# Vector

## Overview

Table implementation of a general purpose vector. Provides constant time random access and worst-case linear time insertions and deletions in the middle of the list.

Indices in the vector start at 1 go to size(), and can be negative. Negative indices count backward from the end of the vector: get(-1) returns the last element, get(-2) returns the second to last element, get(-size()) returns the first element, etc. Any method that accepts index arguments can use negative indexing. Indexing modes can be mixed in the same call, i.e. iter(1,-2) will iterate from the first element to the second to last element.

nil values can be stored in a Vector, although nil values will cause the iterators returned by this class to halt prematurely, since Lua interprets nil being returned as signaling the end of the iteration.

Note that the elements of a Vector are stored directly in the Vector object itself, so a Vector can be treated like a vanilla Lua table. For example, the following code is all valid:

```> v = Vector:make(1,2,3,4,5,6); v:shuffle(); print(v)
[1, 2, 6, 4, 3, 5]
> table.sort(v); print(v)
[1, 2, 3, 4, 5, 6]
> for _,e in ipairs(v) do print(e) end
1
2
3
4
5
6
> -- raw indexing - no range checking or negative index translation
> print(v[1], v[-1])
1       nil```

## Summary

 `make` Creates and returns a new Vector containing the elements passed as varargs to this method. `new` Creates a new Vector from array or returns an empty Vector if array is nil. `get` Returns the element at the 1-based position index in the Vector. `__eq` Returns true if self and other are the same size and both contain the same elements in the same order. `add` Inserts value AFTER position index, or appends it onto the end of the Vector if index is not specified. `asString` Concatenates all elements of the Vector into a string and returns it. `get` Returns the element at the 1-based position index in the Vector. `iter` Returns an iterator over the range [start..stop] (inclusive on both ends) with the step size defaulting to +1. `remove` Removes and returns the element at index or the last element of the Vector if no index is specified. `set` Sets the element at the 1-based position index equal to value and returns the previous value stored there. `size` Returns the number of elements in this Vector. `test` Unit test. `unpack` Returns all of the elements of this Vector. `toString` Returns a string representation of sequence. `addAll` Calls collection:add(e) for each e in iter(iterable). `contains` Returns true if element exists in collection. `containsAll` Returns true iff collection:contains(e) for e in iter(iterable). `containsAny` Returns true if for collection:contains(e) for some e in iter(iterable). `enum` Decorates another iteration to return the index of each element returned from the decorated iteration. `first` Returns the first element of the sequence, or nil if the sequence is empty. `last` Returns the last element of the sequence, or nil if the sequence is emtpty. `removeAll` Calls sequence:removeElement(e) for e in iter(elements). `removeElement` Removes the first instance of element from sequence and returns it, or if not found, nil. `shuffle` Permutes the input sequence in place, using the optionally supplied rng (by default math.random). `sort` Sorts the sequence in place using the built-in table.sort function and the ordering specified (default is increasing order). `swap` Exchanges the elements stored in sequence at the two supplied indices.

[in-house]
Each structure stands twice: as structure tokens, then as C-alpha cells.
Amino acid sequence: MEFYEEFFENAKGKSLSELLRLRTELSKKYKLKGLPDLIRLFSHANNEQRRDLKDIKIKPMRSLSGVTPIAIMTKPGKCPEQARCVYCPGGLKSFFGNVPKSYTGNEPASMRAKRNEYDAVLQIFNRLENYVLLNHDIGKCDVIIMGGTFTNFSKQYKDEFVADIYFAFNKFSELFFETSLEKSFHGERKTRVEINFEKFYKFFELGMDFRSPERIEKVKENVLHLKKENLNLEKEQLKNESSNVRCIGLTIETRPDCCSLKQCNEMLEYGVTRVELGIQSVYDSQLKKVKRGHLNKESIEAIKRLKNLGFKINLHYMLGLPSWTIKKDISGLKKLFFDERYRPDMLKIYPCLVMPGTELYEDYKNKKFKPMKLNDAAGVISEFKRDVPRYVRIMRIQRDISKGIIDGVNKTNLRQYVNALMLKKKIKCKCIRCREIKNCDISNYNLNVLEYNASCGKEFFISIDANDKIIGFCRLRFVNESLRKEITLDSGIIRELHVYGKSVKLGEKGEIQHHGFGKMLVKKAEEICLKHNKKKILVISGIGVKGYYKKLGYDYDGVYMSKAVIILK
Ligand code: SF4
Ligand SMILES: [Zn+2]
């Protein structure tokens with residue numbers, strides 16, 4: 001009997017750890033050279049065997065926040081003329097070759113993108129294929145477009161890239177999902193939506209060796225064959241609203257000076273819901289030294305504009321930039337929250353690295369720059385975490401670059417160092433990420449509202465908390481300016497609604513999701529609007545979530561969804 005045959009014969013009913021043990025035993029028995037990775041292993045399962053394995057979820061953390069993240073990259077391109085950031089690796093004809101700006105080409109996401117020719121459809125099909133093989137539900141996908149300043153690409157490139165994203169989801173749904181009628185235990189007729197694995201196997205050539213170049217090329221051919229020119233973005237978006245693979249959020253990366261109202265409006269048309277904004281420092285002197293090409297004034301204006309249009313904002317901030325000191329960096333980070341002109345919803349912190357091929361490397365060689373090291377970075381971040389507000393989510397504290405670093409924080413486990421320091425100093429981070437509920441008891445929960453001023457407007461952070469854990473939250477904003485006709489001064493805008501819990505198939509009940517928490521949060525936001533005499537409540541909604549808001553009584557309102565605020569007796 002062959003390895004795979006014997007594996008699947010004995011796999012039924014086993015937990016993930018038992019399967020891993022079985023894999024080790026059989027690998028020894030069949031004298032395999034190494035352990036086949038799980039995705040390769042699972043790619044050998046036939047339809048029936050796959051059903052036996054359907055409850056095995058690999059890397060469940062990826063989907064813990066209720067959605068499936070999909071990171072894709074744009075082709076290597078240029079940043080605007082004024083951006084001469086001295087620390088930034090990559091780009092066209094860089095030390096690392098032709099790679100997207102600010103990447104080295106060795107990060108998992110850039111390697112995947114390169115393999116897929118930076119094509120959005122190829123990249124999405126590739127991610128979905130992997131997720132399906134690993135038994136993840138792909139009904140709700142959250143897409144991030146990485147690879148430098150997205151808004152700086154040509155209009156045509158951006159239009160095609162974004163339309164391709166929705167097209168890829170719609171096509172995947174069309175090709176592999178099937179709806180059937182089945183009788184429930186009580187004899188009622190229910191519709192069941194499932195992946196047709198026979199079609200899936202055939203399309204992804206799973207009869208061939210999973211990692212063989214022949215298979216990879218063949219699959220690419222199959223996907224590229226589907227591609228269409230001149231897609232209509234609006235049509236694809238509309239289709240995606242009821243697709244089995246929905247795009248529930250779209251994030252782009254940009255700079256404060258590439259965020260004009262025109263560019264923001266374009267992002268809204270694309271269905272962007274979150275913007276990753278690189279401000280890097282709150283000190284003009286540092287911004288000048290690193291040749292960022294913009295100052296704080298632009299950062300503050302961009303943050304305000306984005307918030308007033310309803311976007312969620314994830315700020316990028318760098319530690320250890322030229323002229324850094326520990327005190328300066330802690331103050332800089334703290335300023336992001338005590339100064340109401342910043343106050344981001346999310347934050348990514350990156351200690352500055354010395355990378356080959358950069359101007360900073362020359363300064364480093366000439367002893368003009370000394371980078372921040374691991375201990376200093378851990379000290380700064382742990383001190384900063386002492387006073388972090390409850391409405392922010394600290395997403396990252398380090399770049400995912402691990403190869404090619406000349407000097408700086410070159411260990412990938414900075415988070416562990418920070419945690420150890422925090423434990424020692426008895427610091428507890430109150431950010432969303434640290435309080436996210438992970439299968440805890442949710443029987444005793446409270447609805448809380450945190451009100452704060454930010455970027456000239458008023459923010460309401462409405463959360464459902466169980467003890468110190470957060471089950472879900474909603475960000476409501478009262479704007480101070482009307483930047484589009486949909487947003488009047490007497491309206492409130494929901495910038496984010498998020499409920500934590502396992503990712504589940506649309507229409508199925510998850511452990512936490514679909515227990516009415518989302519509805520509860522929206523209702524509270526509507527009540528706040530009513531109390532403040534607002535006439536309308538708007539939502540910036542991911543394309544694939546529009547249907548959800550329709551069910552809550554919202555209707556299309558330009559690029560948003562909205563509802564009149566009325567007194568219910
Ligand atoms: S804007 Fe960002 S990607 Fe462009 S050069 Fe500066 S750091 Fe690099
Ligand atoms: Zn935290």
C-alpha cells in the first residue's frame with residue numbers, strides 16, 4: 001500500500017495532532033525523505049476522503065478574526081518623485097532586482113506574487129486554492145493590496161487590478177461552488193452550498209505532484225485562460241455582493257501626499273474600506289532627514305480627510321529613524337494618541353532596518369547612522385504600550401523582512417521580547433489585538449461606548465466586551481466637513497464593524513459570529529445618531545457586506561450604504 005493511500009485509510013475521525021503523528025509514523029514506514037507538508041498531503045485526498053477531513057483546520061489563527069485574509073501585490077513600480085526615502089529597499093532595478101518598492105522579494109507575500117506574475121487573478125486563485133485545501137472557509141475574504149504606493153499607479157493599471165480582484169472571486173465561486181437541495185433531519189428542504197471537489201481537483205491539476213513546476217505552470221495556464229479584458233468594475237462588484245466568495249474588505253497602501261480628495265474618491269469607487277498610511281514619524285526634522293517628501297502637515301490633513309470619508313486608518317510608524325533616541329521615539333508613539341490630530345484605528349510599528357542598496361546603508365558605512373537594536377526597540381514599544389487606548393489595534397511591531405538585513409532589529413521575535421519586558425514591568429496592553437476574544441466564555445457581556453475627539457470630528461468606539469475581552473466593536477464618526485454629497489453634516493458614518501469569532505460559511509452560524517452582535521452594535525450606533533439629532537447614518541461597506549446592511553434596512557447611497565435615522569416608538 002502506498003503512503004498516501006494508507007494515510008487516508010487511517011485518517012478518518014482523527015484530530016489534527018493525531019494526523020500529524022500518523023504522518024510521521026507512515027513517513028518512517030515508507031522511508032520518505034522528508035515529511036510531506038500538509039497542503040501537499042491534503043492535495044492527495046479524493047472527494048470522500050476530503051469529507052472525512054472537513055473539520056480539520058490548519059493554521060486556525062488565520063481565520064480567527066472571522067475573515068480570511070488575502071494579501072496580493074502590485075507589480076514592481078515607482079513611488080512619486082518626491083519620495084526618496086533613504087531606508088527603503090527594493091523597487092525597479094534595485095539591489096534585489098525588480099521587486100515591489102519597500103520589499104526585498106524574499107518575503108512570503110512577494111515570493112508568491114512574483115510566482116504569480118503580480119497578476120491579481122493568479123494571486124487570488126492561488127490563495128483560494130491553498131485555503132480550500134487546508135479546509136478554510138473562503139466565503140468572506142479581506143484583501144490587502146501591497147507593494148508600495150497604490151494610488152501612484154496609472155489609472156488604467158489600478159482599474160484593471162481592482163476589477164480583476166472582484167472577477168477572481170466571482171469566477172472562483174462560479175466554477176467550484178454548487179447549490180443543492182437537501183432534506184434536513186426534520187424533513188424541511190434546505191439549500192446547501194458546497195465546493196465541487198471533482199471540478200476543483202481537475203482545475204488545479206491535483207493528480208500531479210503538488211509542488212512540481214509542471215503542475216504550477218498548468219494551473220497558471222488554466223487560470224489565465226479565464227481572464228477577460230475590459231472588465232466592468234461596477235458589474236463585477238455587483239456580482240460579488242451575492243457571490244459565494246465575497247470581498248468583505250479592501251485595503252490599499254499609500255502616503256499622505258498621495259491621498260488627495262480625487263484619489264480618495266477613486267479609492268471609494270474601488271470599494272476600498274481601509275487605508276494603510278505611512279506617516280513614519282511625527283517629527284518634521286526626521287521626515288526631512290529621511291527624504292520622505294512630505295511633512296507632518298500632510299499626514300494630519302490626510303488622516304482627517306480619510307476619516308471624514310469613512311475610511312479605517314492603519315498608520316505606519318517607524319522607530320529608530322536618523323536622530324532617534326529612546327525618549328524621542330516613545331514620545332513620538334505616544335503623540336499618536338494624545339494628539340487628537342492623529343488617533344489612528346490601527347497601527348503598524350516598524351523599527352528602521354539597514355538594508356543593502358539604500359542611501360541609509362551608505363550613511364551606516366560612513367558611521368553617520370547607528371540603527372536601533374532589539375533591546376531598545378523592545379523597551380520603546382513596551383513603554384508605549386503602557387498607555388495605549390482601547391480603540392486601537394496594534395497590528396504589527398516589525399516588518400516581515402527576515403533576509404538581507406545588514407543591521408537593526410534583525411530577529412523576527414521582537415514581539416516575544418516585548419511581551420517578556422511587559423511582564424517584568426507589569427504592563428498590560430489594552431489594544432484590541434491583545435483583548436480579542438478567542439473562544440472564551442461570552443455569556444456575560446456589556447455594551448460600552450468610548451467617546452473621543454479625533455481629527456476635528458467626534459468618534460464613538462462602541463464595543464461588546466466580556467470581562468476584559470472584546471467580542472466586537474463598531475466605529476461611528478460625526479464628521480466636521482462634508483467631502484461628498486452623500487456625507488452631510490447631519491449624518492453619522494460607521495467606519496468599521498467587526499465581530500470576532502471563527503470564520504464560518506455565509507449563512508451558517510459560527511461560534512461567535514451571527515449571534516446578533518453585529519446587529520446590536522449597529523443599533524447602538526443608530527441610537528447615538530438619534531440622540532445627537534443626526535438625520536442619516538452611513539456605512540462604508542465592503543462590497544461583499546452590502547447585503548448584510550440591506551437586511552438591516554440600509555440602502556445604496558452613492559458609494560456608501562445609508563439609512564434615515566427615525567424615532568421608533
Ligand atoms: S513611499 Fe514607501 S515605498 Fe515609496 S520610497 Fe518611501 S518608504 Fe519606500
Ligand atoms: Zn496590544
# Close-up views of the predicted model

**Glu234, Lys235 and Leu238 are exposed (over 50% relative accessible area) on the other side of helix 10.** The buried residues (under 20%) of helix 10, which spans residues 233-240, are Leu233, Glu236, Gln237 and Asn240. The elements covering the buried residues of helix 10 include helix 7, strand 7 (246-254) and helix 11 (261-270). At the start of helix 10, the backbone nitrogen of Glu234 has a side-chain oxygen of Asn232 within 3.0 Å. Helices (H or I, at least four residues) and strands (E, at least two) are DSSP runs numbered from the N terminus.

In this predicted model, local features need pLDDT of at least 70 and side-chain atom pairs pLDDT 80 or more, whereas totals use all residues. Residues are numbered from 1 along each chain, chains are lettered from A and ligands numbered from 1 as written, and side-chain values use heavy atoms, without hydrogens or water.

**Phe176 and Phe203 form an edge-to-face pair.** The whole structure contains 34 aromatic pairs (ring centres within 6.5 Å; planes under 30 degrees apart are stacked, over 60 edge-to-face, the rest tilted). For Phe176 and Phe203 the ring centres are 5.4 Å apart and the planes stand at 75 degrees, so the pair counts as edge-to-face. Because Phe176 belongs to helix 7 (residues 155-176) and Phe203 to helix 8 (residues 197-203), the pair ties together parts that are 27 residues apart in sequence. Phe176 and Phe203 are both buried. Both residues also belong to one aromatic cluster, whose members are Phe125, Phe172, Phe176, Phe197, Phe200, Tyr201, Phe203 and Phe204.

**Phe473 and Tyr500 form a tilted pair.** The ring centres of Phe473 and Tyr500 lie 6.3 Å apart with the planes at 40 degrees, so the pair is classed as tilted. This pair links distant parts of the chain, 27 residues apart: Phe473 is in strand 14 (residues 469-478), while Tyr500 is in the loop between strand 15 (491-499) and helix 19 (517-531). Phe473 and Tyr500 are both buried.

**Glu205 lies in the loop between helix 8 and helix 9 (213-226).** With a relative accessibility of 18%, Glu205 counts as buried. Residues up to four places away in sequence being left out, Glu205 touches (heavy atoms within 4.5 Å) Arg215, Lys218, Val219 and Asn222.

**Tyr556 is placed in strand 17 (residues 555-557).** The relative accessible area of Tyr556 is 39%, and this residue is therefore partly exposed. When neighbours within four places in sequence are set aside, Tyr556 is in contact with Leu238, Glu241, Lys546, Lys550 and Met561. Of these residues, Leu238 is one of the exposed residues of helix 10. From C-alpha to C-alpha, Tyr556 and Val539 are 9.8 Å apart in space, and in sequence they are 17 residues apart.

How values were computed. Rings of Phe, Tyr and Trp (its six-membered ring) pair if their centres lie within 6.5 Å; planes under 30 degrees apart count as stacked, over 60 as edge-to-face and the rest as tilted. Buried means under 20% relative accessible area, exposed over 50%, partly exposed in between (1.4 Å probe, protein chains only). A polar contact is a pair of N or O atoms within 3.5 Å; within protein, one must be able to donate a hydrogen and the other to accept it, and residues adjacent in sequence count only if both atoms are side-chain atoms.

## Detail

### `Vector:make(...)`

Creates and returns a new Vector containing the elements passed as varargs to this method.

If only one argument is specified, it is assumed to be iterable and the elements of the iteration are added to a newly constructed Vector. Otherwise, if there is more than one argument, each argument is added to a newly constructed Vector.

Thus, Vector:make(1,2,3) == Vector:make{1,2,3}.

### `Vector:new(array)`

Creates a new Vector from array or returns an empty Vector if array is nil.

### `Vector:get(index)`

Returns the element at the 1-based position index in the Vector.

Indices may be negative, with -1 retrieving the last element, -2 the second-to-last element, and -size() retrieving the first element. param index: in +/-[1..size()] error: if index not in valid range

### `Vector:__eq(other)`

Returns true if self and other are the same size and both contain the same elements in the same order.

### `Vector:add(value, [index])`

Inserts value AFTER position index, or appends it onto the end of the Vector if index is not specified.

param index: in +/-[0..size()]

Example:

```> v = Vector:make(1,2,3,4)
> v:add(-1, 0); v:add(5, -1); print(v)
[-1, 1, 2, 3, 4, 5]
> v:add(2.5, 3); print(v)
[-1, 1, 2, 2.5, 3, 4, 5]```

### `Vector:asString(separator)`

Concatenates all elements of the Vector into a string and returns it.

Vectors can thus be used as string buffers. This method just wraps table.concat().

### `Vector:get(index)`

Returns the element at the 1-based position index in the Vector.